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We use toilet paper multiple times a day in our most personal of areas.  Yet, we hear about scary stuff that could be hiding in each roll.  With so many options on the shelves it’s difficult to figure what to use and what to avoid.  Here are the toxins to be wary of and a guide to help you choose the right brand for you.

Chlorine Dioxide

Toilet paper brands made from virgin pulp (not recycled paper) are usually bleached with chlorine dioxide.  When you hear or read about chlorine in toilet paper it’s misleading because chlorine dioxide is different from chlorine.  Until the late 1990s, pure chlorine, or elemental chlorine, was used for paper bleaching and was a significant source of dioxin.   Dioxins, which are persistent environmental pollutants and accumulate in the food chain, are among the most toxic chemicals on earth. The EPA began regulating the paper industry which led North American paper mills to convert from elemental chlorine to chlorine derivatives, such as chlorine dioxide, which are significantly less toxic and reduce the potential for dioxins by 90%.  So, today’s toilet paper bleached with chlorine dioxide is safer than the paper produced decades ago with elemental chlorine.  Unfortunately, that doesn’t mean chlorine dioxide is safe. It’s strictly regulated by the EPA as a hazardous chemical.  And it still releases dioxins into the environment which is detrimental at any level.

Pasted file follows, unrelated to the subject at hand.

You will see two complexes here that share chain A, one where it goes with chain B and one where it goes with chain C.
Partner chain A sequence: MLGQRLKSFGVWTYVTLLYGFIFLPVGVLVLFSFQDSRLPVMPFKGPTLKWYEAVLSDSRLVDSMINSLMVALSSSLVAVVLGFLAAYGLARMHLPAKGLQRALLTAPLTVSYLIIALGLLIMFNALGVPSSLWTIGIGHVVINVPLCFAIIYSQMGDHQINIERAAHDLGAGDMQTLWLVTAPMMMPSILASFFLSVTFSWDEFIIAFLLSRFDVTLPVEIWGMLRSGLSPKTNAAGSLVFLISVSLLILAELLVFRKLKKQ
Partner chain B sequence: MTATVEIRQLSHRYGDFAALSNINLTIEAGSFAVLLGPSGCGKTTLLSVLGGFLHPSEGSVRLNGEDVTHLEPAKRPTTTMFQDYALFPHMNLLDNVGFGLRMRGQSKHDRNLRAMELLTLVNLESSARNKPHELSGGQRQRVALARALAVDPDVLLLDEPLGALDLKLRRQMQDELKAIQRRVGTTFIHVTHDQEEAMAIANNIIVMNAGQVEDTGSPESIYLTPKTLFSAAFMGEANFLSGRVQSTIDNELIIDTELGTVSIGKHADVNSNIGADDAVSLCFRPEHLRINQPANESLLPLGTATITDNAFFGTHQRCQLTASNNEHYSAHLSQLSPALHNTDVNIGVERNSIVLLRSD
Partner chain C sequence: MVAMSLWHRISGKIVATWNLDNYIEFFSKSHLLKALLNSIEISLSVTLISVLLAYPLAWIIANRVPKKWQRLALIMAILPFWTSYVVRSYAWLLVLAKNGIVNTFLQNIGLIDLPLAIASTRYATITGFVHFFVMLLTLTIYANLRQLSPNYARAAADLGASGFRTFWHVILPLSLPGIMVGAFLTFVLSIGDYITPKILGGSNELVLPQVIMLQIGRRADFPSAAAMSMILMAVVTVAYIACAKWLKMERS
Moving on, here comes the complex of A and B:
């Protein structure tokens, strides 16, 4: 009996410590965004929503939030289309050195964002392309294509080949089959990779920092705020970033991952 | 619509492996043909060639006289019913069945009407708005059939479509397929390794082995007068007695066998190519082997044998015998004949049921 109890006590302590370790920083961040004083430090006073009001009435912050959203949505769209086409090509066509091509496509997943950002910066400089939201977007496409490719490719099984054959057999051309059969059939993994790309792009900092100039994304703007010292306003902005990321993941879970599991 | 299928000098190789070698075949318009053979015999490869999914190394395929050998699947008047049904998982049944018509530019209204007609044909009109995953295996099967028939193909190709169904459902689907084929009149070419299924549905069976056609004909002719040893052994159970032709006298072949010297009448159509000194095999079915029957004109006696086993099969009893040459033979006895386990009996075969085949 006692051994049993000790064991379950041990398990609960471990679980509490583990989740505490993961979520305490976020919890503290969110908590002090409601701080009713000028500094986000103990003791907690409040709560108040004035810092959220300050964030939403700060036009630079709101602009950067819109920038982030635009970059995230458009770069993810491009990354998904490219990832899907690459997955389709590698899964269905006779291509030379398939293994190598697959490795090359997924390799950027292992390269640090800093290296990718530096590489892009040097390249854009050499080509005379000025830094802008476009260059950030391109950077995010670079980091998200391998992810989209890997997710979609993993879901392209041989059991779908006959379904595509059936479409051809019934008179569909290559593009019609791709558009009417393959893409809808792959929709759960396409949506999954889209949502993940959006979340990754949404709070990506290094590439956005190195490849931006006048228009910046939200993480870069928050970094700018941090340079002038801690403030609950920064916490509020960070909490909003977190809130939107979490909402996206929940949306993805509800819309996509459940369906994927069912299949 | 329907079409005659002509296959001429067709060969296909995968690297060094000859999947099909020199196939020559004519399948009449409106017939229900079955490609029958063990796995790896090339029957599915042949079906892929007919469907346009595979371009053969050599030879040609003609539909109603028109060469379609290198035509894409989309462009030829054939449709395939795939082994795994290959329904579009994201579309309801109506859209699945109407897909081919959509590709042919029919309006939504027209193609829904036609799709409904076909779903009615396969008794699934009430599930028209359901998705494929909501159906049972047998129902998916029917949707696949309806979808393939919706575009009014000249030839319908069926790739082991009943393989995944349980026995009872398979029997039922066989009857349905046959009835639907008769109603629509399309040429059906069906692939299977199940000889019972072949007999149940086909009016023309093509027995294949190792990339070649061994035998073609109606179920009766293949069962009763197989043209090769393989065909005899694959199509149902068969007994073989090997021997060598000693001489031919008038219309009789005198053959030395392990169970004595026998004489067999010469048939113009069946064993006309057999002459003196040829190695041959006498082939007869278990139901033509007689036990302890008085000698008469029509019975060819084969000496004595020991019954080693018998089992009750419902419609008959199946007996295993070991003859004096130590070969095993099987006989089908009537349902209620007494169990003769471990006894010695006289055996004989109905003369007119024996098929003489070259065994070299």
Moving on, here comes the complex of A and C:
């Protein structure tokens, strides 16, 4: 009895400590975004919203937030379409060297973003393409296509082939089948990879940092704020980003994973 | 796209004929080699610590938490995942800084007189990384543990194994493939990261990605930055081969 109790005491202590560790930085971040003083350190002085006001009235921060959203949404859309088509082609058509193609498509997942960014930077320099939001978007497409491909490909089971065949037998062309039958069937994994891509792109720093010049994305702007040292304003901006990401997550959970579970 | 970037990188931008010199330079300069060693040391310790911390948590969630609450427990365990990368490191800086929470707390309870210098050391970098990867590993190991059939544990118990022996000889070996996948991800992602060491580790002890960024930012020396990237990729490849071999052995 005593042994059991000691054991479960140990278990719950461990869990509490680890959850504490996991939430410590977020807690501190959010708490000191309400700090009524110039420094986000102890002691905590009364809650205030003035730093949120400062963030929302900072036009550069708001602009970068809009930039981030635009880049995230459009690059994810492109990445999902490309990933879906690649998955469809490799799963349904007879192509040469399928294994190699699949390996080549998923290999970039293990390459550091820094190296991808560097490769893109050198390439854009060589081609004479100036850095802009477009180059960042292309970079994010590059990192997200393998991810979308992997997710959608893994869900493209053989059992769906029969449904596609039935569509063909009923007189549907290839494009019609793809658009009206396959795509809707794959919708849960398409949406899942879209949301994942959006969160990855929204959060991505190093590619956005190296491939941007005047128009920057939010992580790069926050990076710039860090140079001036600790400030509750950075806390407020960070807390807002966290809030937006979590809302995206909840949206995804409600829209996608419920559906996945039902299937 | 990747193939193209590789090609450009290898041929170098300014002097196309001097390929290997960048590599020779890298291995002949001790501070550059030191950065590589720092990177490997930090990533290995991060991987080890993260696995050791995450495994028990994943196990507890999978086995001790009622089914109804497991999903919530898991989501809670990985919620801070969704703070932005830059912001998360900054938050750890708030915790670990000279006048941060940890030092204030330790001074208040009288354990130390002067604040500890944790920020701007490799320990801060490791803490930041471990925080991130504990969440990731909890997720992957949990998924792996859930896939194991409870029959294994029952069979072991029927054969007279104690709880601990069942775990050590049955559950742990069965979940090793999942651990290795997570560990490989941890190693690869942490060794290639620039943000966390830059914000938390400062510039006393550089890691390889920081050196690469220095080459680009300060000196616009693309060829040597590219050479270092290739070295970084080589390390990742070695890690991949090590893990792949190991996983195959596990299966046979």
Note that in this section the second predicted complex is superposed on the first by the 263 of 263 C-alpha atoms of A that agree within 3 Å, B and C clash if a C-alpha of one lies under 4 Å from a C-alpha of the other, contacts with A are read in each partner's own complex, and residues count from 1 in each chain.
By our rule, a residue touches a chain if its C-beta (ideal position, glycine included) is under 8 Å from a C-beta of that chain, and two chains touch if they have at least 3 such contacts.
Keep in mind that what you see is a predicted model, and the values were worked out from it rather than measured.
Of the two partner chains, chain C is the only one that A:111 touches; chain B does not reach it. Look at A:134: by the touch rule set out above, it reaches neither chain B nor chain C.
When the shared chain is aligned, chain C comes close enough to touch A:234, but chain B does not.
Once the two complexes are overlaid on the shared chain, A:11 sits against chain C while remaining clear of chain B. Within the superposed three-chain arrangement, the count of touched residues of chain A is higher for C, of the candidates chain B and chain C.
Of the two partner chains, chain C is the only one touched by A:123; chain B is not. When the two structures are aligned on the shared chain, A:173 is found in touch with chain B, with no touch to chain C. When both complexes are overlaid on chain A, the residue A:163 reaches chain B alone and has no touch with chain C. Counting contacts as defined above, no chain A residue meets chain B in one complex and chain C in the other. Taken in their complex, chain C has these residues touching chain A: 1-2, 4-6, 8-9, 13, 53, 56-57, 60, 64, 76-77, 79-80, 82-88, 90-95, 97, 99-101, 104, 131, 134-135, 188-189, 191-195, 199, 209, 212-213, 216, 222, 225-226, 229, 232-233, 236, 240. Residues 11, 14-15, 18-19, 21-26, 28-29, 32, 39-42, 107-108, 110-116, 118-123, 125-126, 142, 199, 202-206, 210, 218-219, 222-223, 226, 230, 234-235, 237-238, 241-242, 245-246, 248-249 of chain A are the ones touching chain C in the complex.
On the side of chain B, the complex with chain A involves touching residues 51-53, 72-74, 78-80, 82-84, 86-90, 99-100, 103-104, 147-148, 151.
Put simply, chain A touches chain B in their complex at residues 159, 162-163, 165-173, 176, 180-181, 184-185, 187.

This background is important to understand when reading marketing claims on toilet paper packaging. The following acronyms are used by the U.S. Pulp and Paper Industry to describe “safer” bleaching processes. Here’s what they really mean:

(ECF) Elemental Chlorine Free:  Paper bleached with chlorine dioxide instead of elemental chlorine.

As we know, elemental chlorine is no longer used in the U.S. to bleach paper products, so this does not mean that products with this label are any safer than others.  In fact, we know that chlorine dioxide is still a danger to humans and to the environment.  Some brands also claim “Chlorine-Free”.  Be wary of this as it can simply mean that they use a chlorine derivative such as chlorine dioxide.